The formation of natural physical structure on the earth is contributed by internal and external land forming processes. The external land forming process operates on the earth’s exterior, while the internal land forming process operates on the planet’s interior. This paper will focus on the internal and external land forming processes involved in Gland Canyon, Mauna Loa, Popocatepetl, and the Sierra Nevada. Gland Canyon is a natural canyon; a canyon is a narrow, deep valley with steep sides. The most famous canyon in the river canyon, the water pressure of the river cuts deep into a river bed, creating a deep, narrow channel. Weathering and erosion and tectonic uplift also contribute to the formation of Gland Canyons.
Volcanism is the internal land forming process at work in both Mauna Loa and Popocatepetl. Volcanism is the eruption of molten rock onto the earth’s surface, where volcanic gases, lava, and pyroclastic erupt through a vent (Siebert et al., 2015). Magma from the lower crust rises through its crust towards the earth’s surface. When magma reaches the earth’s surface, its deportment hangs on the viscosity of the molten rock. Aspects of volcanism include; intrusions, earthquakes, volcanoes, volcanic winter, and hydrothermal vents.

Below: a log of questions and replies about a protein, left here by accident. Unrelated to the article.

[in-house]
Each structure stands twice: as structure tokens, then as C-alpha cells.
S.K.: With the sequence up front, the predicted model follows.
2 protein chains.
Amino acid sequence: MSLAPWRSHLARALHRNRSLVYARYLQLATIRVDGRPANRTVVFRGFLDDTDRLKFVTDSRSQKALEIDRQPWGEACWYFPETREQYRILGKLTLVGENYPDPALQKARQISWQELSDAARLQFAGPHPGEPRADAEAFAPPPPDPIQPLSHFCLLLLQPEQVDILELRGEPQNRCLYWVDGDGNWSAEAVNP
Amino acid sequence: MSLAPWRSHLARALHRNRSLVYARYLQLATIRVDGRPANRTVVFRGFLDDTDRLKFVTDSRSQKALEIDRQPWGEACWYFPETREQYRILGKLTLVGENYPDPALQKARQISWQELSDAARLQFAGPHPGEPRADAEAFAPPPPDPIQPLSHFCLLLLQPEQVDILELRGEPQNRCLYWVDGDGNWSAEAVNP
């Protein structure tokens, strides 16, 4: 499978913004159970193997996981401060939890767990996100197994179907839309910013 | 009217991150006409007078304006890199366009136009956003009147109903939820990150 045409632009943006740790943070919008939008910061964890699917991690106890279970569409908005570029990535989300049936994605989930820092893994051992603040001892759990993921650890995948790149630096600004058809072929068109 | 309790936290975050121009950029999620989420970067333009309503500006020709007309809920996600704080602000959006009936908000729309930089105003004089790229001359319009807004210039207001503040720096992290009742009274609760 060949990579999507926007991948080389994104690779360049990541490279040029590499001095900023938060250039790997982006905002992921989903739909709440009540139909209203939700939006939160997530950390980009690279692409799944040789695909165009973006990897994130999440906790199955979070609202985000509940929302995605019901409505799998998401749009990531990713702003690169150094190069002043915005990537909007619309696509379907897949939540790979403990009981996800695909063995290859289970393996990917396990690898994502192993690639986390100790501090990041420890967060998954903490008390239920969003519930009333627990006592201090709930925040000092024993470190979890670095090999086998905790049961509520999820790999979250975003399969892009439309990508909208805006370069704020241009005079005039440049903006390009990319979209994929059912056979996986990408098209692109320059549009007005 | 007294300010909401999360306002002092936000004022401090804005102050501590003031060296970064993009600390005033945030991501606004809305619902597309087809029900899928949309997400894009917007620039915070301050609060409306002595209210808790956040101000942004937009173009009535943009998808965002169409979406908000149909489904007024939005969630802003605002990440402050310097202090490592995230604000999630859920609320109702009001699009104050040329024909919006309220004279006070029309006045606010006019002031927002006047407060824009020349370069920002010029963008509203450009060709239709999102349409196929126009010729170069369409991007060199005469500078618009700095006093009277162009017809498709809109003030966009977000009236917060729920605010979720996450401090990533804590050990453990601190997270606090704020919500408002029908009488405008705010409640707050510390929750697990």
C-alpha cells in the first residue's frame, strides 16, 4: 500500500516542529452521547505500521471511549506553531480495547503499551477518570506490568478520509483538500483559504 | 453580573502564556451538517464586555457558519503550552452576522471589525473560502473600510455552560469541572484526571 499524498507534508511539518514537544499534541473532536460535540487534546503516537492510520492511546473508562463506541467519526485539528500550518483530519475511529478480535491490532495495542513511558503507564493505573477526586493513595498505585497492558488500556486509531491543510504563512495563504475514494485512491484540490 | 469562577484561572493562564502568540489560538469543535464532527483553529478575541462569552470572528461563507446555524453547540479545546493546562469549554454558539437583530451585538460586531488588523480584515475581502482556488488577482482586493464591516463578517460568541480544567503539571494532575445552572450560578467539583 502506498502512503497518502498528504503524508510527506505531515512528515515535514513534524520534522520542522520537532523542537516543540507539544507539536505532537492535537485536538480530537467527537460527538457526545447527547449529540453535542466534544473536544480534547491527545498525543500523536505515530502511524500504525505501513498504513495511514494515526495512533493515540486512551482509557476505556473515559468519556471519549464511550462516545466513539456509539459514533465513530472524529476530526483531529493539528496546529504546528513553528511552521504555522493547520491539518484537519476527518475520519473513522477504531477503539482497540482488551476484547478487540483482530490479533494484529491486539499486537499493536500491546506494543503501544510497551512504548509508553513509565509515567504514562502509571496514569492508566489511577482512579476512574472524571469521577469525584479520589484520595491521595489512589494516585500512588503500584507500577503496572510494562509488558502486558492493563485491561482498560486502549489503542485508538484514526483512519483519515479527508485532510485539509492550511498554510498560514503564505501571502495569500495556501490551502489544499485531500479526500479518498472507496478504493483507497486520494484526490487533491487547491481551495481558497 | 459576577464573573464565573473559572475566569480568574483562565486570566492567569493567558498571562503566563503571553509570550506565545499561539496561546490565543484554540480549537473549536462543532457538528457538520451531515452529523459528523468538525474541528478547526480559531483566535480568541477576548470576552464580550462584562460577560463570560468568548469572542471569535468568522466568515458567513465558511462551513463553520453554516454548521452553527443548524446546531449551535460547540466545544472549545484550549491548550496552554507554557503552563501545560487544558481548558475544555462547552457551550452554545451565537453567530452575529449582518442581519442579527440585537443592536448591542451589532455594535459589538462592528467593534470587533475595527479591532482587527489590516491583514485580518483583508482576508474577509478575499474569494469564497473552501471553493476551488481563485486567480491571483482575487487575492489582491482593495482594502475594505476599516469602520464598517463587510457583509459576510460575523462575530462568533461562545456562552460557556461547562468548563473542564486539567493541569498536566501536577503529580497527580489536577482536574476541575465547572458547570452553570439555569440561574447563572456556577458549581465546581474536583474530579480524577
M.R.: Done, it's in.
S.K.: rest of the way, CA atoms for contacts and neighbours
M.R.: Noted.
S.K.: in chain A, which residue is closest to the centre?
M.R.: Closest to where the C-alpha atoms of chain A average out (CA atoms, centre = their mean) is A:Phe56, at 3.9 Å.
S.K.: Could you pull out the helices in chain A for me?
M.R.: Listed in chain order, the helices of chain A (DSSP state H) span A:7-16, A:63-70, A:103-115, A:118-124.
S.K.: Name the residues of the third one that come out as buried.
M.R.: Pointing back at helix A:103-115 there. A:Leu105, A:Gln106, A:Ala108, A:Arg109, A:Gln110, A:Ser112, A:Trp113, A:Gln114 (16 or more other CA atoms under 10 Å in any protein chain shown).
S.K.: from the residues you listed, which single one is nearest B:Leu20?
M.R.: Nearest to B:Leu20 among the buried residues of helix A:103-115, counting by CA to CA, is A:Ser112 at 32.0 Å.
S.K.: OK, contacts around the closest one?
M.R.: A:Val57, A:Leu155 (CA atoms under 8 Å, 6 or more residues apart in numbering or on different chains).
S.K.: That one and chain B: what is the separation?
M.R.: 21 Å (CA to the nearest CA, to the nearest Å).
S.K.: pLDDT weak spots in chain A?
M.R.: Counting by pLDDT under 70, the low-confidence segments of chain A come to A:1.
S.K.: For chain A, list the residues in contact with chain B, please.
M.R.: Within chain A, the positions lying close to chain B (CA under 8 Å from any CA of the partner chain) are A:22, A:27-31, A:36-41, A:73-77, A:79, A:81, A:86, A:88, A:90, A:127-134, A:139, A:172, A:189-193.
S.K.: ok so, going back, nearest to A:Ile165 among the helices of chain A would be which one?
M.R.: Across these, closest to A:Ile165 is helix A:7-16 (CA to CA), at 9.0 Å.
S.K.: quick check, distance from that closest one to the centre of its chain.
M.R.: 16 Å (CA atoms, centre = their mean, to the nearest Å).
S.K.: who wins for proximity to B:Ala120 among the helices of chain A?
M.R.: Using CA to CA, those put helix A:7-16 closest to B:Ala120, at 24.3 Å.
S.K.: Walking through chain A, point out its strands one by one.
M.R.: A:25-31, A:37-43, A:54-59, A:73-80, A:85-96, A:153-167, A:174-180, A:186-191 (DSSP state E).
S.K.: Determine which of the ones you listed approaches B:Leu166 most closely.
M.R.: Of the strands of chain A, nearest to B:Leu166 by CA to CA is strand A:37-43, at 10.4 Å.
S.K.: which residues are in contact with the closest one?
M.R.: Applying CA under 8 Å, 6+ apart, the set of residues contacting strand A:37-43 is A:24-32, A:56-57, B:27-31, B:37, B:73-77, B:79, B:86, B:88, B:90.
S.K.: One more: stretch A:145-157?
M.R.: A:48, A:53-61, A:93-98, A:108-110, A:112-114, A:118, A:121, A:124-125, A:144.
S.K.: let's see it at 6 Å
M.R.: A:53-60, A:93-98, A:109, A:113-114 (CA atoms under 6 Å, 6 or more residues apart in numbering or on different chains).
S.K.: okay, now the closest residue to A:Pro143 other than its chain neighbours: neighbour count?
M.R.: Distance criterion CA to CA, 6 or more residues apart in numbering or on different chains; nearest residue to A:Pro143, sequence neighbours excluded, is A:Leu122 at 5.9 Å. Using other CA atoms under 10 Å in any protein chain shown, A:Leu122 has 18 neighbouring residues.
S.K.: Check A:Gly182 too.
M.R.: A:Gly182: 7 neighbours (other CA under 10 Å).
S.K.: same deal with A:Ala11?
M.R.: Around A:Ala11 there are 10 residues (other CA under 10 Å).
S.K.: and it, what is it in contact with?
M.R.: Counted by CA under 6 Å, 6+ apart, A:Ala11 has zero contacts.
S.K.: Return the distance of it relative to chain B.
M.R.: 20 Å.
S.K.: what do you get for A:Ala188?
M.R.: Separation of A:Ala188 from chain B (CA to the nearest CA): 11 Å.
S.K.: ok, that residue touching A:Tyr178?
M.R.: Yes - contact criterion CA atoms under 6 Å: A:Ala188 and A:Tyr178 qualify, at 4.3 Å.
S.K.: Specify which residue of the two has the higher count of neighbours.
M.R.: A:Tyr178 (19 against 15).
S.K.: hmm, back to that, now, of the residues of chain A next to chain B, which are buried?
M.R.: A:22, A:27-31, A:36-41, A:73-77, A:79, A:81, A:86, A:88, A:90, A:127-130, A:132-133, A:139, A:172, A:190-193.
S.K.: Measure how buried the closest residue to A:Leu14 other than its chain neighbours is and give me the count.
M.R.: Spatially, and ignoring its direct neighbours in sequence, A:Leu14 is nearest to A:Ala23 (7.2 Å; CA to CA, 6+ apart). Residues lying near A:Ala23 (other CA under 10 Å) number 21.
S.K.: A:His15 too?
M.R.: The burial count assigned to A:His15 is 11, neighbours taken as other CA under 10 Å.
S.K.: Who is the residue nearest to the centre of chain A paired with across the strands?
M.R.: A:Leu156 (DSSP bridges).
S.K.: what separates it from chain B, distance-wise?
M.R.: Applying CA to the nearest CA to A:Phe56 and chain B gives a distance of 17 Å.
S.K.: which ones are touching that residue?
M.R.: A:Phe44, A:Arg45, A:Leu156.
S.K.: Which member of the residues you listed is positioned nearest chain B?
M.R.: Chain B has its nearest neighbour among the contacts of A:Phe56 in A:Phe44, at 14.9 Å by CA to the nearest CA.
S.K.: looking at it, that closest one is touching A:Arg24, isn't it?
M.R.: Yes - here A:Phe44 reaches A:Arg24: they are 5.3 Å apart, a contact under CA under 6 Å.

Faulting and glacier are some internal and external land forming processes at work in the Sierra Nevada. Glaciers exposed the granite and formed cliffs and light-colored mountains that make up the range. Glacier is thick ice that is frequently moving under its mass. Elevate developed an extensive range of climates and elevations in the Sierra Nevada. Continues faulting Caused by Tectonic forces creates fault block escarpments along the eastern part of the Sierra Nevada.
Siebert, L., Cottrell, E., Venzke, E., & Andrews, B. (2015). Earth’s volcanoes and their eruptions: An overview. The Encyclopedia of Volcanoes, 239-255.